• Goldman expects a 3% yearly return on a moderate risk portfolio.
    • I’ll touch on what the average Goldman client is risking for their 3% yearly return.


    Goldman Sachs (NYSE: GS) recently released its 2017 market outlook. It shouldn’t be a surprise that the outlook is positive. It’s in their interest for stocks and the economy to continue to thrive as GS makes its money from IPO commissions, asset management fees, etc.

    Despite the conflict of interest, their positive outlook will most probably be correct at the end of 2017, but there is something more important than being right or wrong on a yearly forecast.

    Today we’ll discuss Goldman’s view and analyze the possible impacts on our portfolios. More →

  • 15 Feb
    The Institutional Performance Derby: The Client Is the Loser

    The Institutional Performance Derby: The Client Is the Loser

    • It’s important to understand how investing institutions operate and think so you don’t get trapped.
    • Nobody at these institutions eats their own cooking and there is no incentive to do anything. It reminds me of communism.
    • Institutional investing is a self-reinforcing mechanism, which is great in a bull market but terrible in a bear market.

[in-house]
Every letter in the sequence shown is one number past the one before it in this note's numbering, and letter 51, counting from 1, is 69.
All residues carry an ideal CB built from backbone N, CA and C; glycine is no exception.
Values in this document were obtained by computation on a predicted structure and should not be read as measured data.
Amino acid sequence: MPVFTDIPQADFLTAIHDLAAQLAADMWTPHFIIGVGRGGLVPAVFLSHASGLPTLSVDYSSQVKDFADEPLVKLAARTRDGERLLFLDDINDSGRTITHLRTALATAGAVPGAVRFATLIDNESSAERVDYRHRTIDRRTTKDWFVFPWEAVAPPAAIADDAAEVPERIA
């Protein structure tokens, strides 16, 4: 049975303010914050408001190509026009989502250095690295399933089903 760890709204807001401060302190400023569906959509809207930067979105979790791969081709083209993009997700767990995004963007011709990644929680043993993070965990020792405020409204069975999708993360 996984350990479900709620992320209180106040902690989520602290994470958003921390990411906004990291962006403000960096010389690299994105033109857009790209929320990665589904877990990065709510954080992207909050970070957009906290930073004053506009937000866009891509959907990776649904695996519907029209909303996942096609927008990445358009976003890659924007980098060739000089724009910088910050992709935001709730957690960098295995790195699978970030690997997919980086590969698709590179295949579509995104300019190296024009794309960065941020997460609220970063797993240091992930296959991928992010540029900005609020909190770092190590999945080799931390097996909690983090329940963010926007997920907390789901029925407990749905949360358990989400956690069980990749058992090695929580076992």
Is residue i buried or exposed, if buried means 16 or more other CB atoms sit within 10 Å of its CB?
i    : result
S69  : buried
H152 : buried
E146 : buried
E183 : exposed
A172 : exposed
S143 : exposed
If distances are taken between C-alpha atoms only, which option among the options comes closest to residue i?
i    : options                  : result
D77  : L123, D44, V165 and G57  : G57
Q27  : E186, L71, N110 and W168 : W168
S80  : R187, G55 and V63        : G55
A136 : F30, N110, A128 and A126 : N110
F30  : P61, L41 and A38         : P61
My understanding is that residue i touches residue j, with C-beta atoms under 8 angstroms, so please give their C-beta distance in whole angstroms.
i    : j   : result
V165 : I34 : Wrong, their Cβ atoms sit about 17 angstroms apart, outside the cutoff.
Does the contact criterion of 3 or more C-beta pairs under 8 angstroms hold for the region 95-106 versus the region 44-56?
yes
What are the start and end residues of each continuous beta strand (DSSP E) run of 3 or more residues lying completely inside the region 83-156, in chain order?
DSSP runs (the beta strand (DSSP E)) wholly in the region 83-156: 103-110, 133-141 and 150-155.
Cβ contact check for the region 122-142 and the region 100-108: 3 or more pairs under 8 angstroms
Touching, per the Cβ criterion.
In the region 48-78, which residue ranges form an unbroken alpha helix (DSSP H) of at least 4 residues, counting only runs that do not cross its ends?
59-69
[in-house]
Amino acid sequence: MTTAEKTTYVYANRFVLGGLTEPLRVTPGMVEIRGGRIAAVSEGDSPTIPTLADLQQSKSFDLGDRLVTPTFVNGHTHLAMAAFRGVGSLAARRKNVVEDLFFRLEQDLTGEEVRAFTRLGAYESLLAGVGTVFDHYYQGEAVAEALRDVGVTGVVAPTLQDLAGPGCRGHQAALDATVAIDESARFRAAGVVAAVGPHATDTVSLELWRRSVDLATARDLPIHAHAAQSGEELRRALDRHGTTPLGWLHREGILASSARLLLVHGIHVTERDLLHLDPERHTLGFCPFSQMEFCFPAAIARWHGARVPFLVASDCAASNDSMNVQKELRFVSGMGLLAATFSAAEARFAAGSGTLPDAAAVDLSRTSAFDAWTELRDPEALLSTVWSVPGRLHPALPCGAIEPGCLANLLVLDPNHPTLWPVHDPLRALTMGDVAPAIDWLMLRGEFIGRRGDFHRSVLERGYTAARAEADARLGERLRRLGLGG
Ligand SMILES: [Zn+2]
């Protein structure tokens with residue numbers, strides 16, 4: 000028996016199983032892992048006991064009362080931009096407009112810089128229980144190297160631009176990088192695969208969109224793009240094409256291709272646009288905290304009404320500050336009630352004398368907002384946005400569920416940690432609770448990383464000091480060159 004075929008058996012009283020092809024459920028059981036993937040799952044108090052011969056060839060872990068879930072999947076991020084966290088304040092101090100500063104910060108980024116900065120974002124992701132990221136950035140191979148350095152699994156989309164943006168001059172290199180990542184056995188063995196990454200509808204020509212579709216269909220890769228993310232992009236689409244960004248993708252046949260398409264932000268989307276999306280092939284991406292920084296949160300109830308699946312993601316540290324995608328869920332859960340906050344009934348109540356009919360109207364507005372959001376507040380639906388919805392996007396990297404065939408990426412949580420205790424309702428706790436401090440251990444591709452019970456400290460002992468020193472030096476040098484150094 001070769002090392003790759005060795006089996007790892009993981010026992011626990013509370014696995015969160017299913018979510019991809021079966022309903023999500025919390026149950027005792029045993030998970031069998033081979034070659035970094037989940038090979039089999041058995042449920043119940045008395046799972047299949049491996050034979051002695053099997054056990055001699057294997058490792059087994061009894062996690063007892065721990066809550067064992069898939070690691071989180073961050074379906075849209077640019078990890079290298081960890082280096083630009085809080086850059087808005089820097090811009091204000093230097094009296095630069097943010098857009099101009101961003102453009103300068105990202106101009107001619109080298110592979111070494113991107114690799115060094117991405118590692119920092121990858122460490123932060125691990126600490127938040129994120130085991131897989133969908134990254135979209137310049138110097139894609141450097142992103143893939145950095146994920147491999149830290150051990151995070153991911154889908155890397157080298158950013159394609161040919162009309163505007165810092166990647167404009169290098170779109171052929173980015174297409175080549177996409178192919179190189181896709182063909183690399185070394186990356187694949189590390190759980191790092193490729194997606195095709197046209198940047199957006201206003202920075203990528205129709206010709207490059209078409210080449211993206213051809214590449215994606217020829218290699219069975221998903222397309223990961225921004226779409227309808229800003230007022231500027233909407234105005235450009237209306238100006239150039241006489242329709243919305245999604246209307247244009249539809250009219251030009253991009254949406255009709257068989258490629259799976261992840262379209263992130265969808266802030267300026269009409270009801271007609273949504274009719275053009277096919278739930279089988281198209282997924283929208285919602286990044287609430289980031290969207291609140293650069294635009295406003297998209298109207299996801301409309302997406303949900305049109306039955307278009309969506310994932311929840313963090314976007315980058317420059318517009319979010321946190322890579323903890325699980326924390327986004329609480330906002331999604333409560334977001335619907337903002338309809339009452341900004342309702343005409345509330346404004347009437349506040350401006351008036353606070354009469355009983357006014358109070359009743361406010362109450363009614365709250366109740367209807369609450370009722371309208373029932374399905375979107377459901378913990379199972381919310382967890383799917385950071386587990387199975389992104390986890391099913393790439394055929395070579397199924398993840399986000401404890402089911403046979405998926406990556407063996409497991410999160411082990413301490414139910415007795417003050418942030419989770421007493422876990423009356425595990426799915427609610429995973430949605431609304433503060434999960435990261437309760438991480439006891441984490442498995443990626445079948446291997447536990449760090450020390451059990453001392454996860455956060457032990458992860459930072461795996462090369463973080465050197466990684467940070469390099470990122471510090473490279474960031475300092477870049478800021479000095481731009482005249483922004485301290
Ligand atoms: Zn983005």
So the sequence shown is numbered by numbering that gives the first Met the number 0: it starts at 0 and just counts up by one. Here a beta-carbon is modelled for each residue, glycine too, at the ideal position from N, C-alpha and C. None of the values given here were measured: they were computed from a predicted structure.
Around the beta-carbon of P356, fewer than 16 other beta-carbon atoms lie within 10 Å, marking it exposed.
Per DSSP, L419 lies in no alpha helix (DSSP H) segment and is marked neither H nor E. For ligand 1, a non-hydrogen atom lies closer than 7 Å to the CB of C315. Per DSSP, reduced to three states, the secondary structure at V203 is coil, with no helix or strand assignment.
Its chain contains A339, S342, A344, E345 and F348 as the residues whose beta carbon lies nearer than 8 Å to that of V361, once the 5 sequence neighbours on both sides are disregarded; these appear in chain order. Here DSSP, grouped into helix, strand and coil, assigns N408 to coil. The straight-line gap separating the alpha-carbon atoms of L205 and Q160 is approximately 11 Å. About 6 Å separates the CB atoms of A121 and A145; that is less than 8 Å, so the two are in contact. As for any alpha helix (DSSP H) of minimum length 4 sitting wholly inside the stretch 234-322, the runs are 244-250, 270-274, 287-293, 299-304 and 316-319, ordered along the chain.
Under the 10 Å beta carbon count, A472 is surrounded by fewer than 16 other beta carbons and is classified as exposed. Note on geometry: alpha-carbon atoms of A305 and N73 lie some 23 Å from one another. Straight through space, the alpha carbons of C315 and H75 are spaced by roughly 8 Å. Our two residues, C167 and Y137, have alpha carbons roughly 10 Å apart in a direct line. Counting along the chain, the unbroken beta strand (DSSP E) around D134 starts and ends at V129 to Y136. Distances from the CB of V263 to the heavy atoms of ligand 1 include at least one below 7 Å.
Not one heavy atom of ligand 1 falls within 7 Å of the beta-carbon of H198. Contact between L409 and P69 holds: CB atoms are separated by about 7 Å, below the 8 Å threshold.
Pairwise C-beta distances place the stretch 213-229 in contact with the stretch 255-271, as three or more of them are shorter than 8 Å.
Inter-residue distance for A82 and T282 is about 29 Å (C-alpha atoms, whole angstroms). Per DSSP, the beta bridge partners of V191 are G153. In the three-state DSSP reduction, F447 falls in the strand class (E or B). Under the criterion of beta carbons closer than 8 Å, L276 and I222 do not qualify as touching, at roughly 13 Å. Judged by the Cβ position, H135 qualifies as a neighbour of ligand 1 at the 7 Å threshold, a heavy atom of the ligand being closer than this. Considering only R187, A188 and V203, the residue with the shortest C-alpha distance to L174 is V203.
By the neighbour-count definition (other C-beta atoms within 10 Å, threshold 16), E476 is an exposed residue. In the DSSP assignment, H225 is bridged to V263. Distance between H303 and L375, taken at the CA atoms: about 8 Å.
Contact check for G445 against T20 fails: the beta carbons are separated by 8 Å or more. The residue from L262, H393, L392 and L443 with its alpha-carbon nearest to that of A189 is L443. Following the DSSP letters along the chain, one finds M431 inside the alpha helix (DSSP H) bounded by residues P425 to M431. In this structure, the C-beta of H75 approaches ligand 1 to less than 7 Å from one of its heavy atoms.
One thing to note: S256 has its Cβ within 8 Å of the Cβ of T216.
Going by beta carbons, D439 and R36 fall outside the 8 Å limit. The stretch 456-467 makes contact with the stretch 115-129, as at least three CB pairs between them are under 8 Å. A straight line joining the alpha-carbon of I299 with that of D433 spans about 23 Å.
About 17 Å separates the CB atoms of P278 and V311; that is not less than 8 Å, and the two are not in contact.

Seth Klarman’s book Margin of Safety is an iconic investment book. As it’s extremely difficult to get, I’m synthesizing it for you while injecting my own up-to-date commentary.

    You can read my introduction to Klarman’s Margin of Safety here, my review of chapter one, Where Most Investors Stumble, here, and my review of chapter two, The Nature of Wall Street Works Against Investors, here. Today’s article will discuss his The Institutional Performance Derby: The Client Is the Loser chapter. More →

  • 13 Jan
    Are You Part Of The Herd?

    Are You Part Of The Herd?

    • The current market has all the symptoms of herd behavior: safety in numbers, lack of proper information, and absence of competitive edge.
    • Market timing and contrarian investment strategies are tempting because of the high rewards, but fundamental value investing is what wins in the long term.
    • We’ll discuss markets that look safer and are much cheaper than the U.S.


    Yesterday we discussed how the situation in the U.S. economy isn’t sustainable in the long term. However, as the economy and the dollar are strong now, U.S. equities have enjoyed another positive period of inflows.

    In the first week of 2017, ETFs had $13.1 billion of inflows in total and the majority of that money ($8.7 billion) went straight into U.S. equities while $2.8 billion went into U.S. fixed income, and only $1.6 billion to international equity ETFs.

    The $8.7 billion going to U.S. equities is a clear indication of herd behavior. More →